The game they fell in love with has transcended, and no position has evolved more than the point. Russell Westbrook is listed as Oklahoma City's point guard, but if you ask most hoops fans he is anything but. His season averages are staggering: a league best 27.8 points, 7.3 rebounds (most among guards), 8.5 assists (fourth in the league). The numbers suggest that he's playing the best ball of anyone in the association, let alone his position. His explosiveness, court vision, and ability to score the basketball is at this point unmatched. His nine triple doubles this season make it almost un-American to leave him out of the MVP conversation. Friday night alone he posted a line of 36, 10, and 14 against the eastern conference's best squad. All this said (or typed), whenever I dare to voice my humble opinion that Mr. Westbrook is the best point guard in the league an alarming number of people reply "but he's not really a point guard."
It puzzles me that Scott Brooks, a former NBA coach of the year and all around great basketball mind, trusts Russell Westbrook to run his offense, but the average fan wants to change the man's position. Those fans site Westbrook's aggressiveness and shoot first mentality as their chief complaints. One fan, who shall remain nameless, once described Westbrook as a "shoint guard," a shooting guard that plays the point. Who would you consider a point guard if not Westbrook? In today's NBA each team leans on their floor general to create, take, and make their own shots. The top assist players in the league, Chris Paul and John Wall, could at any point take over a game. More coaches allow their best playmakers to run the show, which puts their team in the best position to win ballgames. LeBron James can frequently be seen bringing the ball up the court and setting the offense. The reality is that Russell Westbrook can explode past whomever is given the tall task of guarding him on every possession, and his pull up jump shot is among the league's best. In his brilliance, Scott Brooks designs his OKC offense to run through his dynamic playmaker who can explode to the bucket, pull up for a jump shot, drive and collapse the defensive before finding an open teammate, turn a rebound into an instant fast break, and way more than you want to read in this blog post.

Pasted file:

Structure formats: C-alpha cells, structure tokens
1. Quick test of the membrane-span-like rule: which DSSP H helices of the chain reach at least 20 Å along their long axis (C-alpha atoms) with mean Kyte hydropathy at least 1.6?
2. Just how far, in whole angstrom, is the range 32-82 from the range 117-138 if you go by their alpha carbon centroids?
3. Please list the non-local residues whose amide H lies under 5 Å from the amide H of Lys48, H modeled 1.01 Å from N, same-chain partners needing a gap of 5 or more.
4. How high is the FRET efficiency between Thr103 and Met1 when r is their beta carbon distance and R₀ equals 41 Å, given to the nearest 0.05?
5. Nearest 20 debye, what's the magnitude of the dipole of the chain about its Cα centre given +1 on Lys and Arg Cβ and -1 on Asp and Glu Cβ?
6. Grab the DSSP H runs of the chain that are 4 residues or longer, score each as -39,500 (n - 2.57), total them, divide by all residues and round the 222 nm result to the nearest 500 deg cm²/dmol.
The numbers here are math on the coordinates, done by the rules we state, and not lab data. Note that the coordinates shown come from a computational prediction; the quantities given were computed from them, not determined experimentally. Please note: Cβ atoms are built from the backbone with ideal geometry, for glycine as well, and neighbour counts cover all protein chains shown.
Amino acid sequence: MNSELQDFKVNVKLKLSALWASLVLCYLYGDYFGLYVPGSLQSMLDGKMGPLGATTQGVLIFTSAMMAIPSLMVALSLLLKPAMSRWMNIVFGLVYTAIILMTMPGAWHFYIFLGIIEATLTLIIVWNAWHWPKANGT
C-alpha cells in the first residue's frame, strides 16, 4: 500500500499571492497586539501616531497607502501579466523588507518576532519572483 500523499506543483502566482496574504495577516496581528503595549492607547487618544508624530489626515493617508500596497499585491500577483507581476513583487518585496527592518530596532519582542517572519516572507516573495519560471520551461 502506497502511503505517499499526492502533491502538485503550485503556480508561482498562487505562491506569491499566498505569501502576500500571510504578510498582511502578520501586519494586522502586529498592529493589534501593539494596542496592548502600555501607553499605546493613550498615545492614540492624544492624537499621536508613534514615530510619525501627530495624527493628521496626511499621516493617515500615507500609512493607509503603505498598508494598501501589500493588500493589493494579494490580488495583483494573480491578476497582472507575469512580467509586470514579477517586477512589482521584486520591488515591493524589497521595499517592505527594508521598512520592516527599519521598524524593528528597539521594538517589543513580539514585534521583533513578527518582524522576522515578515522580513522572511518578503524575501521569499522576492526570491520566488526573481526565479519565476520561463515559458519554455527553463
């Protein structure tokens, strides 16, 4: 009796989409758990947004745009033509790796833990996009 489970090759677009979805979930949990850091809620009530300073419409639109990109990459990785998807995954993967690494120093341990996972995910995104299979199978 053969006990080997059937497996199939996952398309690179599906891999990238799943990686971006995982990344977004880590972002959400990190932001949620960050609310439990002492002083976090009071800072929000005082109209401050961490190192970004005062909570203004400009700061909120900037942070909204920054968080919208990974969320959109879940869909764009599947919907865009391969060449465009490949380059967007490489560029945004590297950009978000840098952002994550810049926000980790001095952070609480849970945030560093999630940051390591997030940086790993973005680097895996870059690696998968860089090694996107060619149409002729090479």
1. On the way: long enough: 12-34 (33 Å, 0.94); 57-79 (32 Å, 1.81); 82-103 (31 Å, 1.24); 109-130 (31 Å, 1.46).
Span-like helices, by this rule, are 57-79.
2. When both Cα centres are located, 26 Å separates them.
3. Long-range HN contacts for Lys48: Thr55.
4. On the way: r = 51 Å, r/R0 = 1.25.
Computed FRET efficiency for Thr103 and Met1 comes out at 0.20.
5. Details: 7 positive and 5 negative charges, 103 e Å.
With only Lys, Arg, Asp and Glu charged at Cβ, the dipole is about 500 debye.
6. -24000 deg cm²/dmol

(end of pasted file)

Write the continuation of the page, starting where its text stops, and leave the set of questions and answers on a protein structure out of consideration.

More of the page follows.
It seems that most people don't know what to make of Westbrook's athletic gifts. They have yet to see a point guard do the things he consistently does, so in their minds it's hard to categorize him as such. But is it right to say that someone is too talented to play their listed position? Though he has always put up numbers, this season is distinctively different for Westbrook. The reigning league MVP, Kevin Durant, has only appeared in 27 games and will likely be sidelined until next season. As a result, Westbrook has had to shoulder more of the offensive load and is averaging a career high in points. It also seems that the absence of Durant has opened up more offensive options for the Thunder. Westbrook is having no trouble finding those options, and his season assist average is also a career high. The fact is, the loss of Kevin Durant has elevated Westbrook's game to a level that would be impossible if they were sharing the floor. The Durant injury has forced Russell Westbrook to do what you would expect a superstar to do, put his team on his back and carry them to the finish. John Stockton may have been the measuring rod in '96, but at the moment Russell Westbrook defines the point guard position.